SAN FRANCISCO (CN) - Samsung cannot subpoena Apple to hand over evidence for a patent case the Korean tech giant is fighting in Japan, a federal judge ruled.
Samsung had requested documents concerning Apple's iPhone sales before June 29, 2007, as well as examples of an actual iPhone device before that date. It also demanded the iPhones that Steve Jobs used at MacWorld 2007 and those used in a guide video posted on Apple's website that same year.
Though Samsung is involved in two smartphone patent cases in U.S. District Court, it sought te documents and devices in question for parallel patent litigation pending in Tokyo.
U.S. Magistrate Judge Paul Grewal noted Wednesday that Samsung's request may have been an attempt to circumvent the requirements of the Japanese court.
"In an effort to prevent entanglement in the foreign dispute between the parties and out of respect for the Japanese tribunal before which a parallel request is currently pending, the court DENIES Samsung's request for the discovery WITHOUT PREJUDICE to a renewed request after the Tokyo district court has had an opportunity to decide the exact same request before it," Grewal wrote.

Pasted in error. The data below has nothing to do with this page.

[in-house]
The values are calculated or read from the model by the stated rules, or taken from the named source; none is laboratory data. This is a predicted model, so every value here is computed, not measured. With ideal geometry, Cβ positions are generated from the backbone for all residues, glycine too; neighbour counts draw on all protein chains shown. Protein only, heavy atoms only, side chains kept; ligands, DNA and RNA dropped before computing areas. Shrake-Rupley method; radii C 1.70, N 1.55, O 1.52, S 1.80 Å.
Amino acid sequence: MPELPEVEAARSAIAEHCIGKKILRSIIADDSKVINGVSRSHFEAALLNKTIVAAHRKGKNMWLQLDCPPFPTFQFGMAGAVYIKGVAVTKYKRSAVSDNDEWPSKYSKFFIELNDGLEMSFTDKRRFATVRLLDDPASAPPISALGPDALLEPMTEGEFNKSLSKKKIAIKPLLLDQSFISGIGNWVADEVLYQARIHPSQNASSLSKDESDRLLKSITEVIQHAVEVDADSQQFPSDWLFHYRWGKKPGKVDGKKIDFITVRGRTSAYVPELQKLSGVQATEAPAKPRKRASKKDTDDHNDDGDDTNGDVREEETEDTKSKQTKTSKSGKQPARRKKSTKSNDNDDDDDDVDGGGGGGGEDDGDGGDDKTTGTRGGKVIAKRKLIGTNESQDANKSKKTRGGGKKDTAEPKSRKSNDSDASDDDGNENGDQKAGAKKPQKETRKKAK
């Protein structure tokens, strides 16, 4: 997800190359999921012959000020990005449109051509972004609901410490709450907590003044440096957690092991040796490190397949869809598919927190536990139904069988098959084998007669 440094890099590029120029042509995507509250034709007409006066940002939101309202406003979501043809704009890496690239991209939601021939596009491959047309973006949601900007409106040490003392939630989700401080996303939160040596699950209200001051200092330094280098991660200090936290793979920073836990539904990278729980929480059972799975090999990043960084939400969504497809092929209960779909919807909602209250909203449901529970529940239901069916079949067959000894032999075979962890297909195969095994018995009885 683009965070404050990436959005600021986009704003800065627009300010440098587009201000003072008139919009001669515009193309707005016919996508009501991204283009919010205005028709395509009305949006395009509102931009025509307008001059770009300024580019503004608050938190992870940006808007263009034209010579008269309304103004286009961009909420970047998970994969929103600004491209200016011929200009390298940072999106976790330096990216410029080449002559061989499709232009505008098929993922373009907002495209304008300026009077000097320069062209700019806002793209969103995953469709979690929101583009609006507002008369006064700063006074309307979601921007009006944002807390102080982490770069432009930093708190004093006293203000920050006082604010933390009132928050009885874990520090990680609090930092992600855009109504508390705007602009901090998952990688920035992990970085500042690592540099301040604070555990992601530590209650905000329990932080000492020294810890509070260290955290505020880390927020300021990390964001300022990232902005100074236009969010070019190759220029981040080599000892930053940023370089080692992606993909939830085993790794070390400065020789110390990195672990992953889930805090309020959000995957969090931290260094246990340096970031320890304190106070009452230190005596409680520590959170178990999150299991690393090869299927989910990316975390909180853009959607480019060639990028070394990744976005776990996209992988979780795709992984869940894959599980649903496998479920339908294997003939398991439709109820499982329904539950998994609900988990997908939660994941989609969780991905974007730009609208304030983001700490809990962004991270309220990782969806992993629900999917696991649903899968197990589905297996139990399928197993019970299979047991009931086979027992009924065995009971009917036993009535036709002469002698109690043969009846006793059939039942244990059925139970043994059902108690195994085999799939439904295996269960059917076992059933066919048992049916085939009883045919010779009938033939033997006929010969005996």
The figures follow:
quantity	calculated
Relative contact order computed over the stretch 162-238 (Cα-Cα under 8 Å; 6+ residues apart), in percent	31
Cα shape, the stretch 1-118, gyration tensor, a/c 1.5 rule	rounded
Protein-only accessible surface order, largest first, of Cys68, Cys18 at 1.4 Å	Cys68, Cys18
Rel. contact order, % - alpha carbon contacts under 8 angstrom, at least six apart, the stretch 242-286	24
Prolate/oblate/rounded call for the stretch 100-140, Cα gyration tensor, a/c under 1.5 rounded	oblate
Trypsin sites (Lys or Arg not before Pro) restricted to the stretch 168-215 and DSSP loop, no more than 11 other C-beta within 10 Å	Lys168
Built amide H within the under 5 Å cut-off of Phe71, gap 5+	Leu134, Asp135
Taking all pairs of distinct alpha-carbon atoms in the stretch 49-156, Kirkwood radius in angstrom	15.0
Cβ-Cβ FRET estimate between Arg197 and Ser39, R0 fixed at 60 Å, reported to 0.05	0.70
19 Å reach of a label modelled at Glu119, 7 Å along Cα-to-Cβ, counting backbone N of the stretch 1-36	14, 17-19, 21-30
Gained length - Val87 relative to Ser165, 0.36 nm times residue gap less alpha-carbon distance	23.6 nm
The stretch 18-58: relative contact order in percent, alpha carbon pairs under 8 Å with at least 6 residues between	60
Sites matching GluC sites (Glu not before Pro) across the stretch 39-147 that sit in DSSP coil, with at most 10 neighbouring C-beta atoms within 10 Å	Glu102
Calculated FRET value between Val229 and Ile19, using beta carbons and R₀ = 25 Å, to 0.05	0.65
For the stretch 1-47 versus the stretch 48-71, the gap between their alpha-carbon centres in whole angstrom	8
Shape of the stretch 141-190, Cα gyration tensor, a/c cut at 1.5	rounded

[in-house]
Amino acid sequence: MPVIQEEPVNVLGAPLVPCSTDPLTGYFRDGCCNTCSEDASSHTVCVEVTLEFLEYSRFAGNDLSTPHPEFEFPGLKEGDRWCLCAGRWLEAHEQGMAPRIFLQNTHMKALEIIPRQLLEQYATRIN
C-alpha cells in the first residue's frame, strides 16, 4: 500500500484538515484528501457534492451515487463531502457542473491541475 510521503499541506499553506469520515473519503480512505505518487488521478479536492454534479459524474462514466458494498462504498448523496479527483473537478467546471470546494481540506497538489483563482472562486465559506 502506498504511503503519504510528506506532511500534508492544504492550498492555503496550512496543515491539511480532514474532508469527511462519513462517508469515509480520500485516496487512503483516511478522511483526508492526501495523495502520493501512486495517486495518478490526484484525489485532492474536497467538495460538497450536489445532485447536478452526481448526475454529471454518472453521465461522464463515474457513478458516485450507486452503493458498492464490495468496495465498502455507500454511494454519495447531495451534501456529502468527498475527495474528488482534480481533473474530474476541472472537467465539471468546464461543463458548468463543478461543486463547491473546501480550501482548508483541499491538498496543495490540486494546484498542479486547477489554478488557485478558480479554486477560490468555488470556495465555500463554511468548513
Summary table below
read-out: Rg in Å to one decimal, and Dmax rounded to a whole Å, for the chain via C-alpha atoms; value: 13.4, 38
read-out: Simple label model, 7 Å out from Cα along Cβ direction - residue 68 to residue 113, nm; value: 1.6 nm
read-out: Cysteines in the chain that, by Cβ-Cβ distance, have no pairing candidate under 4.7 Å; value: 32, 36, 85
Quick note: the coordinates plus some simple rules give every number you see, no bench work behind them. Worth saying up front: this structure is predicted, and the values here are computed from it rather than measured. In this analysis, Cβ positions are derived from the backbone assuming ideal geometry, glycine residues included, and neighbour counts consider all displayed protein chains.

Grewal said Supreme Court precedent describes four factors for such cases: (1) whether the requested material is within the foreign tribunal's jurisdictional reach; (2) the nature and receptivity of foreign tribunals to discovery taken in the U.S.; (3) whether the request is an attempt to get around foreign proof-gathering restrictions; and (4) whether the subpoena is unreasonably burdensome.
Grewal was neutral about whether the Japanese court would be receptive to foreign discovery, but found the first and third factors weighed against Samsung's request.
"The fourth factor in fact is the only factor supporting discovery, and the fact that this same request currently is pending before the Japanese court further counsels against granting discovery at this time," he wrote. "Once the Japanese court has issued its decision, Samsung may move for new consideration of its discovery requests."
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